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MARTA’s Sales Are Up, Despite Some Shortages

SCOTTSDALE, Ariz. — In one of their biggest shows ever, MARTA Cooperative of America members reported majap and consumer electronics sales were up for the first half of 2000 and expected continued rises in the second half.

MARTA’s executive director Warren Mann said the group’s members were experiencing increased sales across the board through May, with appliances estimated to be up 5 percent and consumer electronics “flattish to strongly up.”

Attendees to the show, which was held at the Fairmont Scottsdale Princess resort here on June 15-17, touted built-in kitchen appliances as the best-selling majaps, while glass analog and projection TVs were the top-selling CE products.

Headquartered in Phoenix, MARTA is a 120-member buying group with approximately $2 billion per year in combined annual sales – split roughly at 50 percent appliances, 30 percent consumer electronics and 20 percent furniture, according to Mann.

Many of the approximately 100 present members expressed concerns that they could not fulfill their customers’ demands in some of these areas, especially projection TVs, HDTV and HD-ready sets.

“I have no idea where we would be if we could get all the products,” Mann said, referring to supply shortages in HDTV and HD-ready sets. In addition to those missed sales, he said there are other products, such as speakers, which retailers could be selling as accompaniments to the high-definition TVs. “It’s frustrating,” he added.

“With the prices coming down, the demand [for HDTV] is higher than they thought. They just didn’t forecast enough,” said Tom O’Shaughnessy, a district sales manager for Zenith who was at the show. “The bottom line is everyone will have high-definition televisions, we’re just starting out.”

Trevor Anonsen, video buyer of National Camera Exchange in Golden Valley, Minn., said digital cameras and camcorders were also in short supply due to chip shortages.

“We’re exceeding our expectations in some areas [digital and camcorders],” Anonsen said. “It seems to be across the board, and that may have hurt sales early in the year.”

There was also speculation that air conditioners would be a high-demand, low-supply category this summer.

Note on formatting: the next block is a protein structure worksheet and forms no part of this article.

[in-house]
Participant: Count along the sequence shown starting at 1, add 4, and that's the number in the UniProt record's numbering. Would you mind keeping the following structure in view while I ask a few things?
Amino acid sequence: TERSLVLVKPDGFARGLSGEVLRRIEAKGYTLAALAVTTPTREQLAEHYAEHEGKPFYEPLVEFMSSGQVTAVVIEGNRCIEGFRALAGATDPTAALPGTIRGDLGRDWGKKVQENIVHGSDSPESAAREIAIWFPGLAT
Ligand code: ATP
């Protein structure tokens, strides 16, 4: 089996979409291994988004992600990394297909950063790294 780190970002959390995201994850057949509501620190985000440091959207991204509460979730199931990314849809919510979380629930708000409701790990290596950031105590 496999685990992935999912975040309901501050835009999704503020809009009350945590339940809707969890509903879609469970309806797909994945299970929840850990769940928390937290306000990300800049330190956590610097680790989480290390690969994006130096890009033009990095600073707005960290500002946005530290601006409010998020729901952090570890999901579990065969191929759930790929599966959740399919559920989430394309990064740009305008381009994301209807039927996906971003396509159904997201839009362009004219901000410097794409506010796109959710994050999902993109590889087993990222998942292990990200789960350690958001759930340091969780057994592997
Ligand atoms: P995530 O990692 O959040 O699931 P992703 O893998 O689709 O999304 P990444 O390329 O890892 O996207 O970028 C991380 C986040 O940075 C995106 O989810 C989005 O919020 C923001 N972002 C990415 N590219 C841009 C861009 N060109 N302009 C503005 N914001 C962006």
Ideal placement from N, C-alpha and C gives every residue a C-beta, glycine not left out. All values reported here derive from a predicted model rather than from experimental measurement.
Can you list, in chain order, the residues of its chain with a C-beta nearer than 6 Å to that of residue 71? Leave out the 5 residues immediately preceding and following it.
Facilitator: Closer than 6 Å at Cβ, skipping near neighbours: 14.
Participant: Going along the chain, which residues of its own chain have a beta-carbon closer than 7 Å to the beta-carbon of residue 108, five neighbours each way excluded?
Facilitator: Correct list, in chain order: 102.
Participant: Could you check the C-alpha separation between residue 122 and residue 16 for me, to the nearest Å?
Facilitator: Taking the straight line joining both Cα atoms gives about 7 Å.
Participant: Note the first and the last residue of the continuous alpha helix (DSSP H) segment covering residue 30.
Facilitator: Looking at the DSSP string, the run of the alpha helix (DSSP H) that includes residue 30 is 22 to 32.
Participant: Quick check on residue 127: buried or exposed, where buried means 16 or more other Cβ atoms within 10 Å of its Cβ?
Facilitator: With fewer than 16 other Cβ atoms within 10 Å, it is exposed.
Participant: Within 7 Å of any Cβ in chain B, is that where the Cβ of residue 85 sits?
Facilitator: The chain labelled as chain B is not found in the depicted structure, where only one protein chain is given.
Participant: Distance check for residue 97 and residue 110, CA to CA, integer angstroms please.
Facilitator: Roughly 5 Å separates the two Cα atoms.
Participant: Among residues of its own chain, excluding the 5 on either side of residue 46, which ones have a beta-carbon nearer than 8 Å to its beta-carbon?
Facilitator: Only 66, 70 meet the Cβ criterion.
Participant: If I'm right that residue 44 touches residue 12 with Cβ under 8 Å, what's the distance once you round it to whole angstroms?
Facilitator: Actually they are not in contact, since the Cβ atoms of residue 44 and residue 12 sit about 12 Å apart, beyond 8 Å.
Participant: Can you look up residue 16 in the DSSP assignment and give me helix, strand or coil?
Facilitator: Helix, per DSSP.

“A lot of retailers ordered air conditioners late this year,” which is leading to a shortage now that the hot weather is setting in, said Bernie Tymkiw, senior VP of sales/marketing at Haier. He said many retailers had doubted AC would be in demand this year, after three strong years of sales in the category, but were now being pleasantly surprised.

Among the best-selling appliances mentioned at the show were built-in cooktops and front-loading, energy-efficient laundry machines, which some retailers and manufacturers said would only increase as the government starts pushing energy efficiency.

“We’re seeing nice increases in middle- to high-end products,” said Don Murrel, VP of Home Appliance Mart in Ann Arbor, Mich. “Stainless steel and bisque-colored products are selling well.”

A handful of retailers said this show was one of the best in terms of the quantity and quality of what the manufacturers were offering. The show displayed brown and white goods, as well as furniture, from 75 vendors, compared to 53 last year.

Dave Dion of ABC Warehouse Utica in Utica, Mich., said he thought the show was an improvement over past ones because manufacturers were offering a wider selection and more complete product lines to the mom-and-pop retailers.

“The appliance companies have become more aggressive,” he said.

Although the group’s outlook for the rest of the year was positive, Mann stressed the importance of combating competition in the form of emerging national retail chains such as Lowe’s. “We’ve seen precipitous price erosion since Lowe’s has been in business,” he said, while suggesting three ways MARTA members can stay ahead in their markets:

  • · “Don’t share the SKUs.”
  • · “Train salespeople to enhance the value by pointing out the differences [in the products].”
  • · And “sub-brand,” or carry brands that national stores don’t. This often means higher-quality goods.

Mann is optimistic that MARTA can overcome the challenges posed by nationwide chains, and said, “I don’t envision that that which has kind of blindsided us is sustainable.”